Pennsylvania’s Congressional map is easily one of the most egregious partisan gerrymanders of the decade, and subverts basic commitments of Pennsylvania’s constitution, according to an amicus brief filed by the Brennan Center for Justice at NYU School of Law in Pennsylvania League of Women Voters v. Pennsylvania General Assembly, a case before the Pennsylvania Supreme Court dealing with what the Center has termed extreme partisan gerrymandering.
The map was created by the Republican-controlled Pennsylvania General Assembly in the 2010 redistricting, when it carefully manipulated Congressional district lines to lock in an enduring advantage for the Republican party through good and bad election cycles alike.
“Pennsylvania’s map – in a major swing state no less – is among the most extreme gerrymanders in the country,” said Michael Li, senior counsel in the Brennan Center’s Democracy Program. “Pennsylvania is a case study in the drastic lengths politicians can go to ensure they are picking their voters, instead of the other way around. The result is a map that is deeply unrepresentative. It is vital that the Pennsylvania Supreme Court step in and impose clear limits that will constrain the type of undemocratic abuses we’ve seen this decade in Pennsylvania. Failure to do so would have severe consequences, as partisan gerrymandering grows ever more sophisticated, durable, and extreme.”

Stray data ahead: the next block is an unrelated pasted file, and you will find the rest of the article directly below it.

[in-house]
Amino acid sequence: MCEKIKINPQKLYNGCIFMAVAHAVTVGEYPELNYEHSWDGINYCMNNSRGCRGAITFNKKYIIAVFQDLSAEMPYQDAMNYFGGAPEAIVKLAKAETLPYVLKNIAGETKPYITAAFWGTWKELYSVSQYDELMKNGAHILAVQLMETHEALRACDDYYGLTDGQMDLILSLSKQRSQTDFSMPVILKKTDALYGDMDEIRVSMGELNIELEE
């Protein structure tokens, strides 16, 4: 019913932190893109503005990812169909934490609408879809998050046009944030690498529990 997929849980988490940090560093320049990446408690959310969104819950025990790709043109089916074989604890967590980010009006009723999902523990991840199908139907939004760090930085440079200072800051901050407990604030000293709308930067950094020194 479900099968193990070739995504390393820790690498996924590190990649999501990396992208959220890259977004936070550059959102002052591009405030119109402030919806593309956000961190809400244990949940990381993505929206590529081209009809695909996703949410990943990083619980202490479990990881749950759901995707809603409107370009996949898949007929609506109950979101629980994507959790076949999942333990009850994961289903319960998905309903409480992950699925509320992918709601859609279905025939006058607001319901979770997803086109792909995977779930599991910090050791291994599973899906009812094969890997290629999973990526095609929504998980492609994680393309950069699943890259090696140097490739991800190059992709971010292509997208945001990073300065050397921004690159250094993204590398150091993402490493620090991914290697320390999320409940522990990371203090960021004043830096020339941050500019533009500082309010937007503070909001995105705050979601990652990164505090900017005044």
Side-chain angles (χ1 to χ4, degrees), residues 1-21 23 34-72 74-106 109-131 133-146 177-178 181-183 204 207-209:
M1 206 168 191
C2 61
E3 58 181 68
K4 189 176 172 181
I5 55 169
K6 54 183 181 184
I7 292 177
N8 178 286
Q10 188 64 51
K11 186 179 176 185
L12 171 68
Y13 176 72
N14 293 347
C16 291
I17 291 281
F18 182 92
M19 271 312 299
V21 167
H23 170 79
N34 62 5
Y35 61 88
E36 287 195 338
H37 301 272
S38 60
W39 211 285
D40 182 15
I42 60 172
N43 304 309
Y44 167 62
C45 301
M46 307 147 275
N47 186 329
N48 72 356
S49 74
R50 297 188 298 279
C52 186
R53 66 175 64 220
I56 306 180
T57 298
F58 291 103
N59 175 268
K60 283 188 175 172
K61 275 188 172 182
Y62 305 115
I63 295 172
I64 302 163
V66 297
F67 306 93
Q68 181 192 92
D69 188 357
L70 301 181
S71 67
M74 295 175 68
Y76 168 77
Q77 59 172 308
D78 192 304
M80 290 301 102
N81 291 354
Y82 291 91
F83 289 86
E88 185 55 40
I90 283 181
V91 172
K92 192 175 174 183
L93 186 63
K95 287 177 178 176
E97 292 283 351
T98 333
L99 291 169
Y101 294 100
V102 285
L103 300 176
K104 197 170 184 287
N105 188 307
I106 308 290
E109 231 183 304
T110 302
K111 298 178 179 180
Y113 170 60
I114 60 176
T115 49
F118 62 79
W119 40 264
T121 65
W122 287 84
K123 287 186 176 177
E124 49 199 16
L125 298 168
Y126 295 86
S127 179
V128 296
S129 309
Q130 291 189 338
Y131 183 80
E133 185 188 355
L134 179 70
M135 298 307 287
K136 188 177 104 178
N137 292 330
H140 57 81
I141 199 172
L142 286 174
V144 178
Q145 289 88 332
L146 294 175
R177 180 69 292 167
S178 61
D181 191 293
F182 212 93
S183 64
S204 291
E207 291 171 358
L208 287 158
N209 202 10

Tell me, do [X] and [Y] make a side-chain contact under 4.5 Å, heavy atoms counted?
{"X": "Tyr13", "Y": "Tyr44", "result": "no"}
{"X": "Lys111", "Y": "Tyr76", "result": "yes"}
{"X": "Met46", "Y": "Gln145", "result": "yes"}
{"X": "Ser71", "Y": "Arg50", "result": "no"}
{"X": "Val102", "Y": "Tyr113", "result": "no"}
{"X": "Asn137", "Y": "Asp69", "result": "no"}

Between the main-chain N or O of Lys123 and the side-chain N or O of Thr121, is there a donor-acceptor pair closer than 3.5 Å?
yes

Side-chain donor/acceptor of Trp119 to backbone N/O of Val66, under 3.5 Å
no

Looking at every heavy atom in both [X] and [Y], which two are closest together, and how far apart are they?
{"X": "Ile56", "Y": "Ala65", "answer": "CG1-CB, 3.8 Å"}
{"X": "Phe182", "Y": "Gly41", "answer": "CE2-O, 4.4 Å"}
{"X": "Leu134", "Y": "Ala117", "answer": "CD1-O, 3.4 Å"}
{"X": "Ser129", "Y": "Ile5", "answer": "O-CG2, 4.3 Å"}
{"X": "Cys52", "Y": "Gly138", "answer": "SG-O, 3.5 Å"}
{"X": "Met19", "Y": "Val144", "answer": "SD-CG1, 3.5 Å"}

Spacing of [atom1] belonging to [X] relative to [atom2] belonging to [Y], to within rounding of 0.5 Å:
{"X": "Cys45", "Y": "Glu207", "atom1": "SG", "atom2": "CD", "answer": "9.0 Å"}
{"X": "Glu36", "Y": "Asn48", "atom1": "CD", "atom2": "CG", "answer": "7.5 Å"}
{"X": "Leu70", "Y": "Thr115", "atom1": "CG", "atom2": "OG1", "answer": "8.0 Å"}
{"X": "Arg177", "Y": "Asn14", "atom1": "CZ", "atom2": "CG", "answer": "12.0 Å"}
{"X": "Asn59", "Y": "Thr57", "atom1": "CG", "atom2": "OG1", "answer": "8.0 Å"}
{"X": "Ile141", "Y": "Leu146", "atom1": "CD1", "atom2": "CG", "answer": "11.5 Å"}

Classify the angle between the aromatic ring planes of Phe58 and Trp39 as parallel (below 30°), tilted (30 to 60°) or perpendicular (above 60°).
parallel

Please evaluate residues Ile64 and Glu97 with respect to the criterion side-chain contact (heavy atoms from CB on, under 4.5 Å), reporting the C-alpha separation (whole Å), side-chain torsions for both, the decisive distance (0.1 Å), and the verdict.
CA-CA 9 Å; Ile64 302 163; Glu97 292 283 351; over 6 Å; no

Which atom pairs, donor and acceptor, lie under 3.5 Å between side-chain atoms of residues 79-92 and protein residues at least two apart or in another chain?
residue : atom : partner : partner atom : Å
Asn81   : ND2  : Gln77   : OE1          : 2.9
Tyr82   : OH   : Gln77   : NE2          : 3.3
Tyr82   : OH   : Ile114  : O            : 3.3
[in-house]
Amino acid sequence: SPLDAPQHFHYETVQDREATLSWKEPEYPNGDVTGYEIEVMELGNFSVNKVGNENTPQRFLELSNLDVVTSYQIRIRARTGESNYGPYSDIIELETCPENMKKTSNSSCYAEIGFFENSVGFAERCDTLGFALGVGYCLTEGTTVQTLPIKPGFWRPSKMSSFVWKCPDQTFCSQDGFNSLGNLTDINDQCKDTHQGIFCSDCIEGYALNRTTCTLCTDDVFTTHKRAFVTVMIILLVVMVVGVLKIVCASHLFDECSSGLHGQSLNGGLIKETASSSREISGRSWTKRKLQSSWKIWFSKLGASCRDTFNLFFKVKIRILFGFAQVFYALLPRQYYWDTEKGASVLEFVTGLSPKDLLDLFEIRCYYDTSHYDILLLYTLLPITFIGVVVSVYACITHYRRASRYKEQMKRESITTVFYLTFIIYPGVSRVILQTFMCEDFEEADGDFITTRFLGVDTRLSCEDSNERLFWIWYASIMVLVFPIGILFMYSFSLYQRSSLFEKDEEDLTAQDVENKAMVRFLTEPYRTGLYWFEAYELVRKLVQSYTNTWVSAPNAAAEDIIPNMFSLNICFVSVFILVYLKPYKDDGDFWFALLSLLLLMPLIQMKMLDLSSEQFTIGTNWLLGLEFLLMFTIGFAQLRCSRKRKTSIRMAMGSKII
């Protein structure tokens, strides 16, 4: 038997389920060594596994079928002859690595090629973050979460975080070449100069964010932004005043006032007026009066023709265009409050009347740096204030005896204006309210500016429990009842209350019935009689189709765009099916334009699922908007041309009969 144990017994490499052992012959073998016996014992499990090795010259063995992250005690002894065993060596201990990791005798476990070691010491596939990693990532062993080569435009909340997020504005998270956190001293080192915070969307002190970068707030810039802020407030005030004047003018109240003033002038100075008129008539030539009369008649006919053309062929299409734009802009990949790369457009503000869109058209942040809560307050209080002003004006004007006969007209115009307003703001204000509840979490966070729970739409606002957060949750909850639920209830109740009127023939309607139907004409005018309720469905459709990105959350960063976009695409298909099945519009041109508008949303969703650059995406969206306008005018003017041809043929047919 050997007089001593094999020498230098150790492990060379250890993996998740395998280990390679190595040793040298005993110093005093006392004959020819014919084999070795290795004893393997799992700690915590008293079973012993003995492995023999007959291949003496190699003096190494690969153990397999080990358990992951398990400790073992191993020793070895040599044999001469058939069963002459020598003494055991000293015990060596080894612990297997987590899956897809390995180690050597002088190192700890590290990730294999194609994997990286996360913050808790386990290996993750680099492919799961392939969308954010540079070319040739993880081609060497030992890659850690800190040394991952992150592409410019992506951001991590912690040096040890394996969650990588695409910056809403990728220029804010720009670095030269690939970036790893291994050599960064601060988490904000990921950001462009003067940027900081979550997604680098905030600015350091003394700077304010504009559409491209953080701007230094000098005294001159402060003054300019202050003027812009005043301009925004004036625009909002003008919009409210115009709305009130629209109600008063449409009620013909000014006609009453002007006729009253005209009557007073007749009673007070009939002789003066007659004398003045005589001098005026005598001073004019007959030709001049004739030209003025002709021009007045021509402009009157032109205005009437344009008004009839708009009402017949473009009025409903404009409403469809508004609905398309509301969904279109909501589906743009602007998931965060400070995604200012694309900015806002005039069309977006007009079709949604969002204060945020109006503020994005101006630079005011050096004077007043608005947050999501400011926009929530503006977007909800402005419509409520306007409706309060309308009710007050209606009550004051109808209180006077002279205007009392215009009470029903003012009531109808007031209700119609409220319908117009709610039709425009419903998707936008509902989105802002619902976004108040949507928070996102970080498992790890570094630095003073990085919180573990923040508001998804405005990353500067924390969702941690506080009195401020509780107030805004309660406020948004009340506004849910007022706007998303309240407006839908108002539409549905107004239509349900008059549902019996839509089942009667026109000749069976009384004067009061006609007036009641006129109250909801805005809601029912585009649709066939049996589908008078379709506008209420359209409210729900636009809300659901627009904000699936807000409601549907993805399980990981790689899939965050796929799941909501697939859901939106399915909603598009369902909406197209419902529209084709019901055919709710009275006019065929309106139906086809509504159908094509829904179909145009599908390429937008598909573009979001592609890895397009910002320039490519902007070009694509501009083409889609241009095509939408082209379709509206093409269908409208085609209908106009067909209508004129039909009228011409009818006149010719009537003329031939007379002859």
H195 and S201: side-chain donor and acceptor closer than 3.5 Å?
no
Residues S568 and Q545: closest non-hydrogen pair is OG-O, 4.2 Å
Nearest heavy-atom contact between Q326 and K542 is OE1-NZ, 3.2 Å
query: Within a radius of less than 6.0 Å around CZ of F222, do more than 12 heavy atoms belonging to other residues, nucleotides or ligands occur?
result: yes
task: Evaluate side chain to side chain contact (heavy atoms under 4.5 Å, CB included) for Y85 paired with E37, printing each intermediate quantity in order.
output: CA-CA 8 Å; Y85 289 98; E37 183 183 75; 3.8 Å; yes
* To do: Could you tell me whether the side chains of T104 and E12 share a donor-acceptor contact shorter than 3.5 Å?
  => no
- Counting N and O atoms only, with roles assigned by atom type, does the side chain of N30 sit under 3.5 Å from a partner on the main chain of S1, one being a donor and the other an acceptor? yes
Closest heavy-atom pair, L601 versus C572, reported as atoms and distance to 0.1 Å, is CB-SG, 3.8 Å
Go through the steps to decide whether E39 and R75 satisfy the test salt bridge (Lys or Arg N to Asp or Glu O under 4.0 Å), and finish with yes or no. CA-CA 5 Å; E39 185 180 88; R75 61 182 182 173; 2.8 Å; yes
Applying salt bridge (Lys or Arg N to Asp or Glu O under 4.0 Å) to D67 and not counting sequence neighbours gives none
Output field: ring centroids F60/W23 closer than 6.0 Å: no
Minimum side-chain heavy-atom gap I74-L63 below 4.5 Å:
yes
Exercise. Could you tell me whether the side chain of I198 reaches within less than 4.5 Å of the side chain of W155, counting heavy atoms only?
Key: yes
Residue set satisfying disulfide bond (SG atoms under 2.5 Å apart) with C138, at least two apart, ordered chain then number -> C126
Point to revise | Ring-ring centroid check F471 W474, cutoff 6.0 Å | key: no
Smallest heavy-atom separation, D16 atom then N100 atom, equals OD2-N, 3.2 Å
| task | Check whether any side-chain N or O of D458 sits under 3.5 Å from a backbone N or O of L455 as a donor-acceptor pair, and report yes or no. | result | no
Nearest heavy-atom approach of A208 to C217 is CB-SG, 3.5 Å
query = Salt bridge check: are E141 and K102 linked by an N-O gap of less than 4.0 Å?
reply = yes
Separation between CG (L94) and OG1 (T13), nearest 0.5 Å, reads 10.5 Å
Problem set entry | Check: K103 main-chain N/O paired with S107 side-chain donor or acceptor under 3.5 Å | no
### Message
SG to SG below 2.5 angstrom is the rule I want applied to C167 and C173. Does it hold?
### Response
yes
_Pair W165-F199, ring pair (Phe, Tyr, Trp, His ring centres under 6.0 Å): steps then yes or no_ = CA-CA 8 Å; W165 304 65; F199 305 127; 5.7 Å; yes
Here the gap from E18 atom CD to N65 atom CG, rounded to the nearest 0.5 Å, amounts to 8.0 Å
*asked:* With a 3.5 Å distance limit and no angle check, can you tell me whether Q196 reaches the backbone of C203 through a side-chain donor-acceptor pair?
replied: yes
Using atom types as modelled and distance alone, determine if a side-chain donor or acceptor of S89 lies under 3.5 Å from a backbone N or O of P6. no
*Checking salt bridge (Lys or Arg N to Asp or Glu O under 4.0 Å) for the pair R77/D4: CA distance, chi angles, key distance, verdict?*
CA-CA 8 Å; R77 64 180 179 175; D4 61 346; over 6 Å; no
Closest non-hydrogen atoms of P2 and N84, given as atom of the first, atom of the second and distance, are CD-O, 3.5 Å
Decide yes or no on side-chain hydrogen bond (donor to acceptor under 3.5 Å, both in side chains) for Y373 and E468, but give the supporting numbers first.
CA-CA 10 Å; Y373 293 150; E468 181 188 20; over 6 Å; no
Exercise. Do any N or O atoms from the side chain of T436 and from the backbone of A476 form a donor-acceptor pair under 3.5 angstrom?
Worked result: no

Ahead of the 2020 round of redistricting, the U.S. Supreme Court is also taking a close look at the legality of extreme partisan gerrymandering. In October, it heard oral argument in Gill v. Whitford, a case dealing with the constitutionality of Wisconsin’s state legislative maps, and last month it announced it would take up a case related to Maryland’s congressional maps.
Read the Brennan Center’s full amicus brief in Pennsylvania League of Women Voters v. Pennsylvania General Assembly.
Read more about the Brennan Center’s work on Redistricting.
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